Why Horse Racing is Cruel

During the week of the Grand National I listened to countless phone-ins on the radio, where those in favour of horse racing ‘ganged up’ on people who can see that the ‘sport’ is so obviously cruel.  The tone from the racing fans reminded me of many a religious fanatic I’ve seen in online debates over the years. Unashamedly stating untruths as truths, only listening to each other, talking in clichés, answering moral questions by changing the subject, shouting a lot, claiming they must be respected for their views, claiming they are the victims as opposed to the perpetrators (a further insult to the suffering of the animals involved) and citing the belief that the ‘sport’ can only be reliably regulated from within (a familiar enough claim by those who have something to hide).

So let’s get this straight; horse racing is cruel. There is no question about this, no debate to be had and no opposing opinion worth listening to.  This is not irrational, strident anti-equestrianism; it’s just a healthy respect for the facts of the matter.  We don’t have to respect every opinion that is out there.  If someone said that they thought the holocaust didn’t occur few would feel compelled to respect that person’s view.  We should feel exactly the same with regards to torturing animals for entertainment purposes.

We know that horses have a conscious concern for their moment to moment experience of the world. They are motivated to be happy, to be healthy and to reproduce.  Furthermore, their mental well-being is perfectly aligned to the extent to which they are achieving these desires. This is the litmus test for human responsibility.  Horses are intelligent animals that can suffer and so fall squarely within the realm of our moral and ethical concerns.  We have an obligation to do the very best we can for them.

It is impossible to square the above paragraph with the activities that occur within the world of horse racing. Frustratingly, I actually think many people, even some involved in the ‘sport’, know it.  Again we can draw an analogy with those who struggle to give up their faith – they simply have too much to lose.  Financial greed or a lack of moral courage (often both) prevents people from speaking out.

To briefly touch the shores of some of the issues, the problems begin with the breeding process. Such is the money involved, the purity of blood lines of horses are like gold dust. They are subjected to extreme patterns of inbreeding (which often occurs offshore and out of sight) that cause devastating conditions such as bleeding lungs, gastric ulcers, brittle bones and numerous viral diseases. Consequently, only a small percentage of those bred will be healthy enough to have a chance of making the grade – the rest are killed. The cruelty, suffering and loss of life that goes in to getting that one good horse is a catastrophic moral failure. Just imagine being a part of that process.  Deliberately breeding in such a way that is guaranteed to result in most horses being born crippled or disease riddled – and thus disposed of (who knows how).  And what for?  So the most sinister and moronic in our society can enjoy a day at the races.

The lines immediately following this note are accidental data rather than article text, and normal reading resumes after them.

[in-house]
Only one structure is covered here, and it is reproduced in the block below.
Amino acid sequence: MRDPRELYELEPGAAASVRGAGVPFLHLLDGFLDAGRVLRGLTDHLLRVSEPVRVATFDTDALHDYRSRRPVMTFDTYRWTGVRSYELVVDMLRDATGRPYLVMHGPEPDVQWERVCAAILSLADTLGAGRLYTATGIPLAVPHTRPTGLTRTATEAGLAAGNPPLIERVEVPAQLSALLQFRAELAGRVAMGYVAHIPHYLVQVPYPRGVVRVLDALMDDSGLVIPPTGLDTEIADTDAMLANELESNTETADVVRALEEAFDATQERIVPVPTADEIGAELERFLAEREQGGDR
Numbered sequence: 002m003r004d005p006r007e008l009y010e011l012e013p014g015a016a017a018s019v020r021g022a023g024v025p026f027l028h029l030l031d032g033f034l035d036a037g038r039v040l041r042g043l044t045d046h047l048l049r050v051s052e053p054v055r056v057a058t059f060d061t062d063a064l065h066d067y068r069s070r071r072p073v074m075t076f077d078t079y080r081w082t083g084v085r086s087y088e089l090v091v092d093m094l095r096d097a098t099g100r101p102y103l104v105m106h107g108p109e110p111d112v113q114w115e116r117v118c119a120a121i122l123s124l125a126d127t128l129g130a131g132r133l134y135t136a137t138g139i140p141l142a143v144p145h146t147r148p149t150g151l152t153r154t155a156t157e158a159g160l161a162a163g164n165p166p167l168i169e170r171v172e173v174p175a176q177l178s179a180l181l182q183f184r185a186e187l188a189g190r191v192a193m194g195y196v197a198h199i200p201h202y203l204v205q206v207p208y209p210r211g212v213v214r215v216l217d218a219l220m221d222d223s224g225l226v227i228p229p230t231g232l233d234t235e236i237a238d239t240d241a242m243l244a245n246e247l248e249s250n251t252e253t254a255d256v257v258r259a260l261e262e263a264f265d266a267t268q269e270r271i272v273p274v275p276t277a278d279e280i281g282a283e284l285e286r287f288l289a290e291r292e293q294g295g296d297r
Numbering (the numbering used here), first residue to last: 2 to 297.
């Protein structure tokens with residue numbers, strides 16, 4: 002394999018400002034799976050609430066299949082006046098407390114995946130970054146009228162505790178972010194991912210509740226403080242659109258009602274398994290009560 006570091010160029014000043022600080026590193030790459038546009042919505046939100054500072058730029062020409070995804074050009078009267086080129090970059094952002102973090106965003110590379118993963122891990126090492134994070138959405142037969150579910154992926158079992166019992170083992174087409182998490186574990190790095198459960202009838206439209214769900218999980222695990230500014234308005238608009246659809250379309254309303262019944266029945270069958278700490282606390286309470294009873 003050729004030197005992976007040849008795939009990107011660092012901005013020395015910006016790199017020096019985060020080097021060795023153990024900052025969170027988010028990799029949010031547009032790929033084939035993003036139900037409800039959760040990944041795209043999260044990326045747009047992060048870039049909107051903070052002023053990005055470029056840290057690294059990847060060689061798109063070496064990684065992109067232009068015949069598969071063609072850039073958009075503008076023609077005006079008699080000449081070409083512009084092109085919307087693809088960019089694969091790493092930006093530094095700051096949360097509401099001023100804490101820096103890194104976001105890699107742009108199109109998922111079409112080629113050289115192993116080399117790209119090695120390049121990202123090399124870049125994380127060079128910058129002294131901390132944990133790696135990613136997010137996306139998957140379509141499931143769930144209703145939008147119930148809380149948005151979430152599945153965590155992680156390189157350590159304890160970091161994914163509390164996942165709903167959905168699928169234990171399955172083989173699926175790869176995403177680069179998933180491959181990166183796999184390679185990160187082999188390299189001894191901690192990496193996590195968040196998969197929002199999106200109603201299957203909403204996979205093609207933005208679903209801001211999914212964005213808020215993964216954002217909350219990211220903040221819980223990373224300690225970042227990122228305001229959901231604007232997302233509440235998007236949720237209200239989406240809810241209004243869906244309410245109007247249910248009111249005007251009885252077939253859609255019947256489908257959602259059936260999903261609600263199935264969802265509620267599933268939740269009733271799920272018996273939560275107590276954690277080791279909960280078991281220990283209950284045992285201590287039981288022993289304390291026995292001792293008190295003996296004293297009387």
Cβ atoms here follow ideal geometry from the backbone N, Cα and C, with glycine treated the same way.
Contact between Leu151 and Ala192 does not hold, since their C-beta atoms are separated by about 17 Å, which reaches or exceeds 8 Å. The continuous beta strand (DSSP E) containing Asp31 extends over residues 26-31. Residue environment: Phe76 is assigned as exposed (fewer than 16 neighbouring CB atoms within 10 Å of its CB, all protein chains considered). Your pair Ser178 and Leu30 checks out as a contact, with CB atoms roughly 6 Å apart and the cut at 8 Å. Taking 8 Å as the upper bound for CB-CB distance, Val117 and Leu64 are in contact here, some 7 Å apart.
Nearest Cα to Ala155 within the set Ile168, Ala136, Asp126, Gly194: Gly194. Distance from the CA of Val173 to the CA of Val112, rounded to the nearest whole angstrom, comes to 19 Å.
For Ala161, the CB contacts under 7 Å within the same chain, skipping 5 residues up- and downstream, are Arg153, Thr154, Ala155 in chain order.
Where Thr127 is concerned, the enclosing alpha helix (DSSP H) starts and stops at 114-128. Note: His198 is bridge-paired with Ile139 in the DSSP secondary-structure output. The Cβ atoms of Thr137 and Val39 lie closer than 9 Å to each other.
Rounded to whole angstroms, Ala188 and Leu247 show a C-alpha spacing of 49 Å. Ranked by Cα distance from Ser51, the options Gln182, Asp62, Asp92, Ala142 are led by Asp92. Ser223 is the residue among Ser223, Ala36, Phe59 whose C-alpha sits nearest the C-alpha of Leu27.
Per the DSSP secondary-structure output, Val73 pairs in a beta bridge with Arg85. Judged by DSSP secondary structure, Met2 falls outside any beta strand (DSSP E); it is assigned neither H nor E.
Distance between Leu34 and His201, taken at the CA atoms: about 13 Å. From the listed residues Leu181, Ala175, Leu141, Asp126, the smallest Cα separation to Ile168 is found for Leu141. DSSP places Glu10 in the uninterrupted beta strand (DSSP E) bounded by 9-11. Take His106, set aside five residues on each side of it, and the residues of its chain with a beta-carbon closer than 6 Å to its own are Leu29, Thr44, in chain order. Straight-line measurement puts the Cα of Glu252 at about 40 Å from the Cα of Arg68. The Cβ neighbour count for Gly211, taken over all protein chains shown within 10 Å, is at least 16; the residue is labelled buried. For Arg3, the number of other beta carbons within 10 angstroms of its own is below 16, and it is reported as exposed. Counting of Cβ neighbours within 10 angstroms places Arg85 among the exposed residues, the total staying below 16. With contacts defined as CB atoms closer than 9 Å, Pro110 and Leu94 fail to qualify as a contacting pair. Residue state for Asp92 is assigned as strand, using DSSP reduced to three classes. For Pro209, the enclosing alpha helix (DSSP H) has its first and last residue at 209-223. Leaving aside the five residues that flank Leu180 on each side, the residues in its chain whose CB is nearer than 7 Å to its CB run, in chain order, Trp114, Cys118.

The horses’ predicament, hardly improves once they reach the stables of their eventual owners.  They are regularly, forcibly run to exhaustion. Some die of exhaustion before they even get to race, some acquire injuries due to over training, and others develop health problems carried over from the breeding process. On race days, we see the horses pushed to their limit under the coercion of a man kicking and whipping them.  Should they fall and injure themselves, which is fairly common and becoming increasingly so, again largely due to the weakening of horses bones related to inbreeding, then the horses are shot because they are no longer of economic worth.  Shockingly, 151 horses a year die on British race tracks.  We should pause to think of what might go on behind the scenes if this is how the horses are treated in public.